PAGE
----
Checking the Fact Checkers

Occasionally I read something from a person for whom I have a little respect and I am utterly disappointed. Edward Gately’s Republic article Friday left me with that feeling. I’m doubly disappointed that it was labeled as a ‘fact check,’ and closed with a conclusion that isn’t founded on facts.

To rebut City Council candidate Cindy Hill’s concerns about the impact of the recent apartment approval/construction boom on real estate values and traffic, Gately reached out to a paid shill, and a city employee who has a long history of promoting such projects as a consultant.

Elliot Pollack, referenced in the article (which I have reproduced below) testified as a paid expert witness for the city council and Mayor Lane in a lawsuit seeking to block millions of dollars in taxpayer-funded subsidies and relief to the Professional Golfers Association. Pollack was also contracted by the liquor industry to perform a ‘study’ of the economic impact on the city of the bar district, which was widely panned by knowledgeable critics and by then-City Treasurer David Smith.

Paul Basha was a city transportation engineer who went out into the private sector to promote development projects, and came back through the revolving door to work for the city as transportation director.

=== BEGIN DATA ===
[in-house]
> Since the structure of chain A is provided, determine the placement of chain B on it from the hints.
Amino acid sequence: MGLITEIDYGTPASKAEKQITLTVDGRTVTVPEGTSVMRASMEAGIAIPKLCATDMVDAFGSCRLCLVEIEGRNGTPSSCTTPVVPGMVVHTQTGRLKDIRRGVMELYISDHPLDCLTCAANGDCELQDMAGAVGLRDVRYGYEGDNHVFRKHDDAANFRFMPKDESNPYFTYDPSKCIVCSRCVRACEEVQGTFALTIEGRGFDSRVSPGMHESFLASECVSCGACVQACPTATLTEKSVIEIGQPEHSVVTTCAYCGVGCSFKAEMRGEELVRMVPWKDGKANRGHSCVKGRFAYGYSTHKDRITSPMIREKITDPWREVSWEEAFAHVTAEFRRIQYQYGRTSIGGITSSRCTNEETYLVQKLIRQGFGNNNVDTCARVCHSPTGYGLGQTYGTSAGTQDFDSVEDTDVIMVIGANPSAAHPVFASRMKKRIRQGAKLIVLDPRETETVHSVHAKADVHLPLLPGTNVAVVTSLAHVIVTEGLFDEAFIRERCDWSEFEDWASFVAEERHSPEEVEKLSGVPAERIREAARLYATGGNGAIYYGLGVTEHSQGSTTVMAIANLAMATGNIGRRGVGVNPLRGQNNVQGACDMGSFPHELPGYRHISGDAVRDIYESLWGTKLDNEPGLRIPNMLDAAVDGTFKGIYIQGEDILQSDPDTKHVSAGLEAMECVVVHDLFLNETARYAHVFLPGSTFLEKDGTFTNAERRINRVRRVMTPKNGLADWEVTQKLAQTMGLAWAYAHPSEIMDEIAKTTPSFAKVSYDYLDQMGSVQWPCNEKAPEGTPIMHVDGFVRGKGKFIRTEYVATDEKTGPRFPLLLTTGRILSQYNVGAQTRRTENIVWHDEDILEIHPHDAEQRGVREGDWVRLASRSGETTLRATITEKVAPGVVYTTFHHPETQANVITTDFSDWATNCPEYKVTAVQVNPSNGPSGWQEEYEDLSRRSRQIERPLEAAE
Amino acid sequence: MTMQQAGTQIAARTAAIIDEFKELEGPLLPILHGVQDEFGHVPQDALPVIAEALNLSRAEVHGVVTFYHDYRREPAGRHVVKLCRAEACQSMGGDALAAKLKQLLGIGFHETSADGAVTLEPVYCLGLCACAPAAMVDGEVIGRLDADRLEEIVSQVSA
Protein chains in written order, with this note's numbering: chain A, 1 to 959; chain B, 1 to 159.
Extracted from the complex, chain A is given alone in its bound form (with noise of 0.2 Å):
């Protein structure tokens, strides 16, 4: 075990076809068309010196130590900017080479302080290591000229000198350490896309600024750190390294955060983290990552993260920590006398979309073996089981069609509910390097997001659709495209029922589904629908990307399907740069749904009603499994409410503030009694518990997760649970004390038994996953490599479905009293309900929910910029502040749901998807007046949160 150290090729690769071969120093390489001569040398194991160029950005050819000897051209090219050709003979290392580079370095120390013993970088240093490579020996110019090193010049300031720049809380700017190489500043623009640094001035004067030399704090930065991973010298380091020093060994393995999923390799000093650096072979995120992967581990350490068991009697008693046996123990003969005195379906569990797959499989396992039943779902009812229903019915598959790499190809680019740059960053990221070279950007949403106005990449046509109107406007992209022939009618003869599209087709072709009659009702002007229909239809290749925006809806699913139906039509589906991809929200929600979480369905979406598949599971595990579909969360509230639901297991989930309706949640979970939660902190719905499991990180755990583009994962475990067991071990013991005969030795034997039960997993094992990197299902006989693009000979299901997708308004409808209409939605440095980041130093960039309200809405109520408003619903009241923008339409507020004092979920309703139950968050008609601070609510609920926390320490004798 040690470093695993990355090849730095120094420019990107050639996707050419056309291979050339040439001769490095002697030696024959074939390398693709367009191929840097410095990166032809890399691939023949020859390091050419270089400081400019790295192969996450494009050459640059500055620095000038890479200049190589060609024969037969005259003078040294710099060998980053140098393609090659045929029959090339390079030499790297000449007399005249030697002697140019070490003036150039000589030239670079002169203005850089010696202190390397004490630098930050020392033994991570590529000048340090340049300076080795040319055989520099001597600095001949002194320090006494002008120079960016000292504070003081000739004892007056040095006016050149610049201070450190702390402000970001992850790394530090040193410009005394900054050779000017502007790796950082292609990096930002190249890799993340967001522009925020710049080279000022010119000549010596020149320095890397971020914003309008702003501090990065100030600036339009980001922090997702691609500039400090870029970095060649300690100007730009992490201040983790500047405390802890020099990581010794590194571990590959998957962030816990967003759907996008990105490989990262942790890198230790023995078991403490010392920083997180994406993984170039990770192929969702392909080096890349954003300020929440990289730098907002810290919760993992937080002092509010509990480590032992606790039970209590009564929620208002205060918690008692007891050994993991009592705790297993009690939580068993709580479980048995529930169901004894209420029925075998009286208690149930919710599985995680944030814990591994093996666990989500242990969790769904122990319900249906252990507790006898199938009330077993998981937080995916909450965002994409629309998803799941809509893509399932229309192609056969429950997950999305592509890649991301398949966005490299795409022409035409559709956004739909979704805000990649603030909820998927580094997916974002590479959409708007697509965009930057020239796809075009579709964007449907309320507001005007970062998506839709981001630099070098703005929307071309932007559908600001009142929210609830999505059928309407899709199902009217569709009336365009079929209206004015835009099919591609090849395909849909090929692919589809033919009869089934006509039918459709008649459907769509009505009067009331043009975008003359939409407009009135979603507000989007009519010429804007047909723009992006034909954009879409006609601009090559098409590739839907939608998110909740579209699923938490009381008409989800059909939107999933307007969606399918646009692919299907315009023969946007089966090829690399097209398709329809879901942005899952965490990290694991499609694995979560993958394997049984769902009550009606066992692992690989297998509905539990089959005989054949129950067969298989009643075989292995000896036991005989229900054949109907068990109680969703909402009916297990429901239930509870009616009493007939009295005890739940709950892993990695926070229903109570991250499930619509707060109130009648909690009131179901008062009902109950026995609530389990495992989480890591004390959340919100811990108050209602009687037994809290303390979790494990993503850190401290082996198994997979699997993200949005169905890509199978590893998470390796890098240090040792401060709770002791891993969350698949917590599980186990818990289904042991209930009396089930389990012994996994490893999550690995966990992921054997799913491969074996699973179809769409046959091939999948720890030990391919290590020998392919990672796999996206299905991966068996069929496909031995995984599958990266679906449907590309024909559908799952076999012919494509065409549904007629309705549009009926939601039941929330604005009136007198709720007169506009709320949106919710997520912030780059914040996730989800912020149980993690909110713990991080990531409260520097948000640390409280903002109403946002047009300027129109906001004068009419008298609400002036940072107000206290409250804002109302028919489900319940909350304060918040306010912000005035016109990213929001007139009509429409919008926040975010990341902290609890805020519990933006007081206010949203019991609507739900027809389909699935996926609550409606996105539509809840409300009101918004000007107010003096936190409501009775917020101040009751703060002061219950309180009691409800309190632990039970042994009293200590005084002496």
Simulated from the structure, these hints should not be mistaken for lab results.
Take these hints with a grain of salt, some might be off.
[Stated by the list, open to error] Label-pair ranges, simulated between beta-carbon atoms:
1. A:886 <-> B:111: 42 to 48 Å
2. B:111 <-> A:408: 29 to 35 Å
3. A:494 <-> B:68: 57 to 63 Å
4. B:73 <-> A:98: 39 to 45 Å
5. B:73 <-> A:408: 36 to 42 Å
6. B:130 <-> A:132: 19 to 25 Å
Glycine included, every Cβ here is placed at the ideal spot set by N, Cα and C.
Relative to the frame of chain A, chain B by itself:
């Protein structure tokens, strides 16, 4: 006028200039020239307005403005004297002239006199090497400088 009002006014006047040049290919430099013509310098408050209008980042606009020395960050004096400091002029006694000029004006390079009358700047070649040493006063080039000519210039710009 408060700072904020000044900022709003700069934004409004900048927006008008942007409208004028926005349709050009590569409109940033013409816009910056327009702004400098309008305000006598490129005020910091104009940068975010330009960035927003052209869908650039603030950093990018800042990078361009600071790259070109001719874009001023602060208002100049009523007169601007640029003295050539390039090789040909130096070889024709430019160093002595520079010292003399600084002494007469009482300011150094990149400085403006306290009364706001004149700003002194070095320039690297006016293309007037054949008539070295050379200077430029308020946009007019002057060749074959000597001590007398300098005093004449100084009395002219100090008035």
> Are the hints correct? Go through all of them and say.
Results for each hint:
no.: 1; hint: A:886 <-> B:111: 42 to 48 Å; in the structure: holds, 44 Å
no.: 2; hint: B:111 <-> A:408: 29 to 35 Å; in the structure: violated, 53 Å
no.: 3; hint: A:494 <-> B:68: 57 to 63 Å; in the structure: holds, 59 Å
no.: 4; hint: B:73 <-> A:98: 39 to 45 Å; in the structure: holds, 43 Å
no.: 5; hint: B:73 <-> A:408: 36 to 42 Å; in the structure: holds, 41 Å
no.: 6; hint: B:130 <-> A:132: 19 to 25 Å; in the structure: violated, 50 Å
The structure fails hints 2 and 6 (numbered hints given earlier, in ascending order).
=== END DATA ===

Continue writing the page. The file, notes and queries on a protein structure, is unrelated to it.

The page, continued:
Even if Gately didn’t already know this, he should have checked their backgrounds and provided this as–at the very least–parenthetical information for readers to consider.

And beyond that fundamental bit of journalism, the information they provided should have been subjected to at least SOME scrutiny, if not just the smell test.

Pollack’s statement, “Someone who lives in an apartment is not likely to look at a house as an alternative,” and the ‘reasoning’ which follows completely ignores the most fundamental considerations of all: affordability notwithstanding ability to qualify for a home loan. Apartments are, many times, just plain cheaper than ownership, and that’s a powerful motivating factor.

In a comment that is laughable when juxtaposed with other information published in the  very same Arizona Republic recently, Pollack says that, “…the millennium generation is participating less in new-home buying than older generations…” Talk about a carefully parsed statement!

“New-home buying” is a very narrow segment of the housing market, especially in Scottsdale where there is very little “new” home construction due to build-out and the value of remaining undeveloped land.

“Participating less,” means…what? They are ‘buying less?’ Or they are ‘less interested’ in buying?

And compare that statement to a recent article by Catherine Reagor (also on AZCentral) on study results from Demand Institute that more than 80% of Millennials (age 20-34) want to own their own homes.

Paul Basha’s statement is just ridiculous:

Therefore, we do not factually know if the apartments will generate more traffic than the previous land uses.

Since most of the apartments under construction or approved for construction are being built on vacant or essentially vacant land…well, it’s just a stupid thing to say. No way to sugar-coat that sentiment.